Mindset and culture will drive success
However, opening up digitally, pervasively and at scale is hard. The success of today’s banks will increasingly depend on how well they are able to enter into relevant technical partnerships. Such partnerships are hard to create and manage, because they require collaborations amongst employees with many diverse skills and responsibilities.
Take the most simple example of a bank wanting to partner with a digital provider of identity. To establish such a partnership will require participation from (at least):
- Purchasing and legal to ensure you get a good agreement
- Legal, Compliance, and the Data protection officer to make sure the solution chosen is actually suitable and viable.
- IT infrastructure, IT Development, architects and project management to design and later integrate the solution.
- Business Owners, Business Analysts etc. to ensure the service is used in the correct way in the organization
Setting up strong project teams can be difficult in itself, and gets more complex as you start integrating with more and more external partners, to bring them in the same direction. Further consider the challenge that in such integration, a project team will make decisions and tradeoffs. On one hand you need the team to be as self-sufficient as possible so it can execute at pace. On the other hand you must ensure that these independent teams work towards the same overall vision.
In the past, where business relationships were fewer and required less diverse skill sets, coherence could be managed by centralized direct oversight. Today, the only viable coordinating factor is vision and culture.
A well communicated vision and strategy can help teams make independent and informed decisions efficiently. It helps teams weigh pros and cons against a consistent set of values and benchmark metrics, and each decision made will always be aligned to the company vision of where it wants to be.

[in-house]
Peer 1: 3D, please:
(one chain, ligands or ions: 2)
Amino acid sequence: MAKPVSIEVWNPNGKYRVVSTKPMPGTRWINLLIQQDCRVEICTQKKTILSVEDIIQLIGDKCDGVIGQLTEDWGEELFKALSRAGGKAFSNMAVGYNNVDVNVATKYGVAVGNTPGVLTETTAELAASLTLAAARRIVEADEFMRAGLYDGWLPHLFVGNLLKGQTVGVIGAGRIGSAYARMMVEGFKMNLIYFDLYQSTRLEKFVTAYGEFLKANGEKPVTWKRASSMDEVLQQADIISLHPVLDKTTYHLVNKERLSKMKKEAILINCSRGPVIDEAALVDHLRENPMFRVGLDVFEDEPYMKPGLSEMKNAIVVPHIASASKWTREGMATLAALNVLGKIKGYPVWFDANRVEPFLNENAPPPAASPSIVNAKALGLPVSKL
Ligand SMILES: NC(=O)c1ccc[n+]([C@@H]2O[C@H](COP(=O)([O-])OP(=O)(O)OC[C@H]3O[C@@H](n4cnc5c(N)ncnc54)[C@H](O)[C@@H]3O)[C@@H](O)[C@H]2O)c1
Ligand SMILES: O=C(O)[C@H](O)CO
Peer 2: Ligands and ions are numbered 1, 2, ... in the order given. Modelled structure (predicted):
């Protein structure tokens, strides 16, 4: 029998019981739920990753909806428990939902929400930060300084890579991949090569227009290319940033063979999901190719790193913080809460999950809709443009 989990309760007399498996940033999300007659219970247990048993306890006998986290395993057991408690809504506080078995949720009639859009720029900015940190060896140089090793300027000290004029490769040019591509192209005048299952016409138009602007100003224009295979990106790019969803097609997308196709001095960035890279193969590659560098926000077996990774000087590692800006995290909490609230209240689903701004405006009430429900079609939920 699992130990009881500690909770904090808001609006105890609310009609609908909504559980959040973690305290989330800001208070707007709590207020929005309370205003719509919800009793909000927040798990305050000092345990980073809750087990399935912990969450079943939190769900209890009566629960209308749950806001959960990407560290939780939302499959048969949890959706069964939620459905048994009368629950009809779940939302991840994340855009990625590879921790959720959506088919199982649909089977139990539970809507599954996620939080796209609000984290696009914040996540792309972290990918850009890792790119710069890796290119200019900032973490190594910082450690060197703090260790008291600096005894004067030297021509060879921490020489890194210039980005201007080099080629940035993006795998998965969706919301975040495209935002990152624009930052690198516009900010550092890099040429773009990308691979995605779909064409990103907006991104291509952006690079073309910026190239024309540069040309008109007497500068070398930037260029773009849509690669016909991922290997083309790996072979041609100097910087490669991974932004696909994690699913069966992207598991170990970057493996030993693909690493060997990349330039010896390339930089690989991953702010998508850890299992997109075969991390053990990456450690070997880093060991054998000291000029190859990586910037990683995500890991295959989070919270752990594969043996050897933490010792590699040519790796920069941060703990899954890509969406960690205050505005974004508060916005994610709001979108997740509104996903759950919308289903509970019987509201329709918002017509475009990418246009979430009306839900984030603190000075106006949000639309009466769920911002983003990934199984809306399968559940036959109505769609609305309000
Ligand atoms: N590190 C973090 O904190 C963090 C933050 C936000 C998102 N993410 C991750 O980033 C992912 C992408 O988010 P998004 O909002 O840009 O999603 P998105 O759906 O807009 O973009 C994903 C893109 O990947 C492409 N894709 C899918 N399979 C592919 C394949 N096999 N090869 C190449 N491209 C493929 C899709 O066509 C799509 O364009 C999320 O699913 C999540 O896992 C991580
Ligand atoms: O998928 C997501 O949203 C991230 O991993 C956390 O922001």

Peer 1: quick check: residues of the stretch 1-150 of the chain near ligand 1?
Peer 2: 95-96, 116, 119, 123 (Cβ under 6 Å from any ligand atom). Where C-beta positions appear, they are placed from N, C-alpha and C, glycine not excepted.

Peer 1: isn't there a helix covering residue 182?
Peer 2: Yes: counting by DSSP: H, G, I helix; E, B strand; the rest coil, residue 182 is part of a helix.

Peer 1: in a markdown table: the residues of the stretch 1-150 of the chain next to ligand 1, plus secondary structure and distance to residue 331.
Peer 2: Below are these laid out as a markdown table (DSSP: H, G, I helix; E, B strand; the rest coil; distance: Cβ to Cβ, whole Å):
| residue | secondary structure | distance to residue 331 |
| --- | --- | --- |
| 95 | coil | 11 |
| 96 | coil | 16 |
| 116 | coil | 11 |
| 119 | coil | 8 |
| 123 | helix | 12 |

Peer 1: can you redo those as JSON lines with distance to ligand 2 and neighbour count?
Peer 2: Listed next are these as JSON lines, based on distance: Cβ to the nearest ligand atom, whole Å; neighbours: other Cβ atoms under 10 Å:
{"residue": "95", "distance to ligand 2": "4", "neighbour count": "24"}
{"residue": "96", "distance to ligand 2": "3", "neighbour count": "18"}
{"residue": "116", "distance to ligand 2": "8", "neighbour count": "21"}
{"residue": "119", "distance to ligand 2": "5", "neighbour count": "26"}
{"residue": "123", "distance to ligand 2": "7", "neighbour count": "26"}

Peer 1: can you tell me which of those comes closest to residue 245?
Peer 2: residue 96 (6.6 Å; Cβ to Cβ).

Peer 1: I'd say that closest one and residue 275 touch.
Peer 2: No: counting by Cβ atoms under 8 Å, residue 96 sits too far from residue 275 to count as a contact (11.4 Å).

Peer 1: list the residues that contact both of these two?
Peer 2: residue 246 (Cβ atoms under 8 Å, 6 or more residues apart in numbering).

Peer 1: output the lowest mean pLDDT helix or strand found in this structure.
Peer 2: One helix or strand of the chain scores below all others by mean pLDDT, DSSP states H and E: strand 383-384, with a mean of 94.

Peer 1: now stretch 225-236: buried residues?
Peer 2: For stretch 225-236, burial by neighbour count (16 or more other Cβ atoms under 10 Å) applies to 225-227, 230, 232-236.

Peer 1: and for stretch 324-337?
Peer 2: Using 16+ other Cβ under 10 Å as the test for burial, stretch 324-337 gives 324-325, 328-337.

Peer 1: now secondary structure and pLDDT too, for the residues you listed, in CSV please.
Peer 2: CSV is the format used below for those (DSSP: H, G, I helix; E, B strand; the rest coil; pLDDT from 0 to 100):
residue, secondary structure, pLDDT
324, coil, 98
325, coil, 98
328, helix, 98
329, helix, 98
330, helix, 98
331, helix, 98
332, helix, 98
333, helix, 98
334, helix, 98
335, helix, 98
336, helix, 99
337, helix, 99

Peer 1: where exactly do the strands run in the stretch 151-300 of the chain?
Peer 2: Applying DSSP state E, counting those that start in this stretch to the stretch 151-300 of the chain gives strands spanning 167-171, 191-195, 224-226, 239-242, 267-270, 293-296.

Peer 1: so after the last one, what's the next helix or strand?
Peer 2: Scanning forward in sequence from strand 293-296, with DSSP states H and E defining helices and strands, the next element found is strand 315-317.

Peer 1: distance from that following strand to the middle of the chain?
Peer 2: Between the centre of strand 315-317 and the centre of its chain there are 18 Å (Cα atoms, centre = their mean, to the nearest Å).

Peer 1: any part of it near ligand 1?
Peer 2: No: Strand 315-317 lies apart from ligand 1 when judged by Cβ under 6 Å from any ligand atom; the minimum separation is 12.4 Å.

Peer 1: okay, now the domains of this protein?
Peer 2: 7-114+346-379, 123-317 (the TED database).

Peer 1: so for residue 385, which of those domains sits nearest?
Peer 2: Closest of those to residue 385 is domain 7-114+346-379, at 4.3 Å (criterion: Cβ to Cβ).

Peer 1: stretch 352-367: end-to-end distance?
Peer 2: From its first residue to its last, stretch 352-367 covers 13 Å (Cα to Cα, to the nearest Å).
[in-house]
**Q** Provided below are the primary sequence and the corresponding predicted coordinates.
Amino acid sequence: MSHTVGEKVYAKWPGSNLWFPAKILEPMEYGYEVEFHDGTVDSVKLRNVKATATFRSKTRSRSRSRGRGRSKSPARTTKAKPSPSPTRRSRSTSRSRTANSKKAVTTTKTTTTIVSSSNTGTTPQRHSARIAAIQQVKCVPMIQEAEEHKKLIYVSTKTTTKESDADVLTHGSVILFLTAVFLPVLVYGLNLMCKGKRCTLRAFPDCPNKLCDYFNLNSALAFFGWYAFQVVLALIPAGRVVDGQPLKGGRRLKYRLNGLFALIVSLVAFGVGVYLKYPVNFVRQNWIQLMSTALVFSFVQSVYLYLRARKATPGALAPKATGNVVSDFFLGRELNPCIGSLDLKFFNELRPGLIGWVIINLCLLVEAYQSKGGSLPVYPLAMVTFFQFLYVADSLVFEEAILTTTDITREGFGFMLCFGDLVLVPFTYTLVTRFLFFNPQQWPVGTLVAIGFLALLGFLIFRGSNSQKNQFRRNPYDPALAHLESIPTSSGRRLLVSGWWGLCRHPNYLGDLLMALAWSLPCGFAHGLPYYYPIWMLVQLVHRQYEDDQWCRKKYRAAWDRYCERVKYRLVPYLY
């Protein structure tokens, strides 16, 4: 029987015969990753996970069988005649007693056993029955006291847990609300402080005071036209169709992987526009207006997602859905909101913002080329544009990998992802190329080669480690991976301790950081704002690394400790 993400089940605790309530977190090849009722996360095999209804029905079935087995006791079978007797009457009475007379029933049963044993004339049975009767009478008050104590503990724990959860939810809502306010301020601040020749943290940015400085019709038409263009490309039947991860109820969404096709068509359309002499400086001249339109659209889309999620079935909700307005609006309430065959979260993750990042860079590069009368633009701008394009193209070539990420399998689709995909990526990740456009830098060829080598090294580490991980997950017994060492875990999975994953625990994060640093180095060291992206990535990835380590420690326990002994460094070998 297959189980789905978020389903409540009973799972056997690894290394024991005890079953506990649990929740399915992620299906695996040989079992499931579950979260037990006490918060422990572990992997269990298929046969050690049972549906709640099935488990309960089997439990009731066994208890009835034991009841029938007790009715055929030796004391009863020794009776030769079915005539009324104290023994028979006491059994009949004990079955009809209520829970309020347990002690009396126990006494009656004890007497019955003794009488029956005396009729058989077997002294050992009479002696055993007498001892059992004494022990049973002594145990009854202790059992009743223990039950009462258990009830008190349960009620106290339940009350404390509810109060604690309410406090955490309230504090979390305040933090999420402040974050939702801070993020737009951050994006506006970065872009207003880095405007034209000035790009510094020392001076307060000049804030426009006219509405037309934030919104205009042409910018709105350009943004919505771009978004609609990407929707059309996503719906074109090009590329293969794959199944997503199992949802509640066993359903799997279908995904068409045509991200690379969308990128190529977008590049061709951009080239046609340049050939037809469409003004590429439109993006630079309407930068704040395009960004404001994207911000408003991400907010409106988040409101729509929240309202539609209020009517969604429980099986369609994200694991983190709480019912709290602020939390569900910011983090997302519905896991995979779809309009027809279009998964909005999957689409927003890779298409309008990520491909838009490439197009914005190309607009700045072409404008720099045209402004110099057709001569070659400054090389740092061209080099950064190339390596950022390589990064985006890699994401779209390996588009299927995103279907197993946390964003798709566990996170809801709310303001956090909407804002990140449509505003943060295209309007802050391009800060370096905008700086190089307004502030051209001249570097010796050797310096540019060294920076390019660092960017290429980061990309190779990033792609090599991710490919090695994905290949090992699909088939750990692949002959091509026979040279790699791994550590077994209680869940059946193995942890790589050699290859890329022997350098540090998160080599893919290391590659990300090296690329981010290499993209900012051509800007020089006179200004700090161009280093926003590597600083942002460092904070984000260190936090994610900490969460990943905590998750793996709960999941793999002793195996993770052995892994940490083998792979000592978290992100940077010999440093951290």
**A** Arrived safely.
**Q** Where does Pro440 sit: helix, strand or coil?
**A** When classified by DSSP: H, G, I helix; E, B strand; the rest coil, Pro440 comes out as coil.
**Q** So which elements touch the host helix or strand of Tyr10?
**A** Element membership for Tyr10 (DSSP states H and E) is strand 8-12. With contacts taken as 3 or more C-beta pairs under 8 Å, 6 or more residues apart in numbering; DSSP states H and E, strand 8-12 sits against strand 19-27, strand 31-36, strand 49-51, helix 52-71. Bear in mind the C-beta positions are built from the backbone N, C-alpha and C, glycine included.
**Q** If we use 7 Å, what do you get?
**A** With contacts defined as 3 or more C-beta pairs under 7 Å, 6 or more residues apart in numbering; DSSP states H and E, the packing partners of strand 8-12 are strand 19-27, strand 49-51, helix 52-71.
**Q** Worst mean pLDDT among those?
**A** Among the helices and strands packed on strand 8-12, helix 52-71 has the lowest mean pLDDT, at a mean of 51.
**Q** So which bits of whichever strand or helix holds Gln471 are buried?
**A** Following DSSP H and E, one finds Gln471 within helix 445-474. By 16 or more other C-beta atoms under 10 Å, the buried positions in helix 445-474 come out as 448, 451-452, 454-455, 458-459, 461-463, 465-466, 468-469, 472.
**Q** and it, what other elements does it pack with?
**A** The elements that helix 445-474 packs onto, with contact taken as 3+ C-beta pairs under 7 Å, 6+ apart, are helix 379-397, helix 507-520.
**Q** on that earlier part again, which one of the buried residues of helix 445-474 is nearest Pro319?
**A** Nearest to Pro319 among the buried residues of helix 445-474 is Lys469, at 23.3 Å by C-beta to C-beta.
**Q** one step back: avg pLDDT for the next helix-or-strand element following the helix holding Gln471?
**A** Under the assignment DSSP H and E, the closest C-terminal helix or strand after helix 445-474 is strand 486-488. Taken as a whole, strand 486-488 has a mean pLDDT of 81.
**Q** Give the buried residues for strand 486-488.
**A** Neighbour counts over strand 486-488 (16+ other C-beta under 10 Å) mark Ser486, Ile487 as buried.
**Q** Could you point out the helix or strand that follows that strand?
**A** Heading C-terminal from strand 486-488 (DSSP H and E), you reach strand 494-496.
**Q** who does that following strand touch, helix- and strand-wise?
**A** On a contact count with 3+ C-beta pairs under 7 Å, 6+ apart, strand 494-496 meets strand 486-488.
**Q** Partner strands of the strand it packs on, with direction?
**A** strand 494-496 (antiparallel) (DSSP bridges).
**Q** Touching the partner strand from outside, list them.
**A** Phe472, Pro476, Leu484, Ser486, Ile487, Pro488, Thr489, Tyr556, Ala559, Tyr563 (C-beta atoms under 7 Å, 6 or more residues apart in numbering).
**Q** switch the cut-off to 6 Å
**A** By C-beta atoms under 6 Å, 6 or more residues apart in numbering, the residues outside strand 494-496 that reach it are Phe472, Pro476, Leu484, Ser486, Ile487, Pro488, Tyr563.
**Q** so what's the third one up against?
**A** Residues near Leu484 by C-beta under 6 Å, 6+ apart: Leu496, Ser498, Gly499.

While the company vision shows the direction and guides decisions it is culture which determines the speed and quality of execution. Delivering on many of the complicated (open banking) integration projects requires a lot from employees. They must be good at communicating, comfortable sharing , excellent at collaborating and committed to the company’s vision. There must be a culture of trust, honesty, emphasis on facts, and mutual respect. This was important before COVID19, now it is essential.
So while open banking often refers to bits and bytes and APIs, it’s really a mindset. To be successful any business – including banking – must ‘digitally open up’ an increasingly larger share of its value chain to partnering. For many executives at established players increasing dependency on external partners is challenging enough. Add to this that any such strategy also requires delegating responsibility for many complex integration decisions far down the chain of command and it becomes obvious why some are still hesitant to embrace it.
I am however convinced that digitalization and partnering is the only way to go. Adoption of open banking and integrated systems thinking was already on the rise. The current crisis has just accelerated this trend significantly.